Atlas of Colposcopy: Principles and Practice

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Using the endocervical speculum  

  • An endocervical speculum is used to visualize the endocervix in the following situations:
    • the SCJ is not fully visible on the ectocervix;
    • the upper limit of a lesion extends into the endocervical canal;
    • glandular abnormalities are suspected on cytology.
  • Complete the examination of the ectocervix with acetic acid before using the endocervical speculum.
  • Apply more acetic acid to the cervix.
  • If you are using the Kogan endocervical speculum with your right hand, make sure that the concavity of the speculum is facing your right side. It will be the reverse for left-handed colposcopists.
  • Keep the blades of the speculum closed and insert them into the endocervical canal.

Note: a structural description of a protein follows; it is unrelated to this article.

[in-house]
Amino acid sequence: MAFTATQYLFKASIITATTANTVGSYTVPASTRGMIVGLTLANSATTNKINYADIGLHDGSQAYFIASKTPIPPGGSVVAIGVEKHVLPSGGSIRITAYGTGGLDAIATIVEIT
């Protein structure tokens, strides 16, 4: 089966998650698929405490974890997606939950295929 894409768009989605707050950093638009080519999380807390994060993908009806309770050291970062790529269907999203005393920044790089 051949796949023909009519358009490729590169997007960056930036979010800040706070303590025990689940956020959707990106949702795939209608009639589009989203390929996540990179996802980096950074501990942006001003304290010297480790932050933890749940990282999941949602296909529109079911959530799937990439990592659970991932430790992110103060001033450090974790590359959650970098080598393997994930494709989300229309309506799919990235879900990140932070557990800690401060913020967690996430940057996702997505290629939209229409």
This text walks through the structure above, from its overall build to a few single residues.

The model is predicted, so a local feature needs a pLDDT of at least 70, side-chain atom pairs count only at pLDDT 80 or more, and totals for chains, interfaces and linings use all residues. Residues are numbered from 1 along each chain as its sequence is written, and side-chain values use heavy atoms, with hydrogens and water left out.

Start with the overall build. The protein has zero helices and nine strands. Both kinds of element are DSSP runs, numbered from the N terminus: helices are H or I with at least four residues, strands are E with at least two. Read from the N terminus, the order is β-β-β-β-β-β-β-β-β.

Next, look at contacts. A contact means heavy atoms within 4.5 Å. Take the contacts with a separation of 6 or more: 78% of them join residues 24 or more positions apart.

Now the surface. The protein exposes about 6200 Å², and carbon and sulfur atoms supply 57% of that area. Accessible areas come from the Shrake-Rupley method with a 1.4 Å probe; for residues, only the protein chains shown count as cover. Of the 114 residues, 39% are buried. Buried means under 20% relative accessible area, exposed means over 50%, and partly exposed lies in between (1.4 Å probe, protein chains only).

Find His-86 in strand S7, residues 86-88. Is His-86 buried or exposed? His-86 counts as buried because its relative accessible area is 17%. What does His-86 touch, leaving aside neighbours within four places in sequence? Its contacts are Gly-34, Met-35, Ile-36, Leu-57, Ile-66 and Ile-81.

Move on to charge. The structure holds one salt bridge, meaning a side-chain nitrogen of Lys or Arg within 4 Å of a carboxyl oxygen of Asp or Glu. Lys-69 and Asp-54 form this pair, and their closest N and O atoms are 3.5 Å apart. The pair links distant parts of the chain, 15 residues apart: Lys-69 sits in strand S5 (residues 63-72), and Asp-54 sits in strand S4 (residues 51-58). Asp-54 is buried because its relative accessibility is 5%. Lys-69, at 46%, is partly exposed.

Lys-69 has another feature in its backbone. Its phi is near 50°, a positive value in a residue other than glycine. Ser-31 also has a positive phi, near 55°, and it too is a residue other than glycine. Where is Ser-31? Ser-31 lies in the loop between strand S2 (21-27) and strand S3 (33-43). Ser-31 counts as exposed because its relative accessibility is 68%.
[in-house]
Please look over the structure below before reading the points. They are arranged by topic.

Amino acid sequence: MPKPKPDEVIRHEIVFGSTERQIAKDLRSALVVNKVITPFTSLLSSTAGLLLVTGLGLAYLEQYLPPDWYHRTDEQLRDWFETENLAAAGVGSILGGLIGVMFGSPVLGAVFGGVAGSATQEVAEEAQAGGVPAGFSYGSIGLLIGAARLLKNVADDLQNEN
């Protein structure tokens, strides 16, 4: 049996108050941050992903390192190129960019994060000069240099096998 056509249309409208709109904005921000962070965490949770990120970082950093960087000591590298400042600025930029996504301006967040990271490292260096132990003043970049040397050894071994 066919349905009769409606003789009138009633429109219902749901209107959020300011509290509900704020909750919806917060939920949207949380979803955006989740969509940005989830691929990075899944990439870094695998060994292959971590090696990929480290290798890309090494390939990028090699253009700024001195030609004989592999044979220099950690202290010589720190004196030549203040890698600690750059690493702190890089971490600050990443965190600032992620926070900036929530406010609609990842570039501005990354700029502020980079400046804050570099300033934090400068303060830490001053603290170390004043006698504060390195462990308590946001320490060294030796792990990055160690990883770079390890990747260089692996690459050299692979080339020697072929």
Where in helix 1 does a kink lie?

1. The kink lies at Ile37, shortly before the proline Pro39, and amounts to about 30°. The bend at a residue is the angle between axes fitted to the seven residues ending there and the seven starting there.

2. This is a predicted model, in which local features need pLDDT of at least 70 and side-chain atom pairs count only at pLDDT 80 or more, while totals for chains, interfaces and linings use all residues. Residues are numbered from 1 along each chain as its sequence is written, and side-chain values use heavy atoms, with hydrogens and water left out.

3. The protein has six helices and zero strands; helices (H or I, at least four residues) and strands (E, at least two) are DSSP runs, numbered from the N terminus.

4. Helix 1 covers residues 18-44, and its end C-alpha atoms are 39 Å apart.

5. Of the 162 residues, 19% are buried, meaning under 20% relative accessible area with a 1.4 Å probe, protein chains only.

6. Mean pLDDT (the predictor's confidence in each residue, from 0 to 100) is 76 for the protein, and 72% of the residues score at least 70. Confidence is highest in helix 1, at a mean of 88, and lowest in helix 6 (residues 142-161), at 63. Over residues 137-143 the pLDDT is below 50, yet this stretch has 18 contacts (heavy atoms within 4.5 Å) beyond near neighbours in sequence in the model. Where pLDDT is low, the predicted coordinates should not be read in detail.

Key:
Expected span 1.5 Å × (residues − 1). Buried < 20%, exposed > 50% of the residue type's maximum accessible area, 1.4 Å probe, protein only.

• Open the blades gently, and do fine focusing of the colposcope so that you can see the inside of the endocervical canal as much as possible.
  • Try to assess the position of the SCJ and the upper limit of the lesion (if any).
  • Gently rotate the forceps by 90° to visualize the anterior and posterior walls of the endocervix.
  • Close the blades of the speculum and gently withdraw it.
  • Complete the examination after applying Lugol’s iodine.
  • Examination of the endocervix with the Kogan endocervical speculum can provoke bleeding. If bleeding is profuse, it may be necessary to perform endocervical curettage.
  • An alternative instrument for evaluating the endocervix is a non-toothed long forceps.

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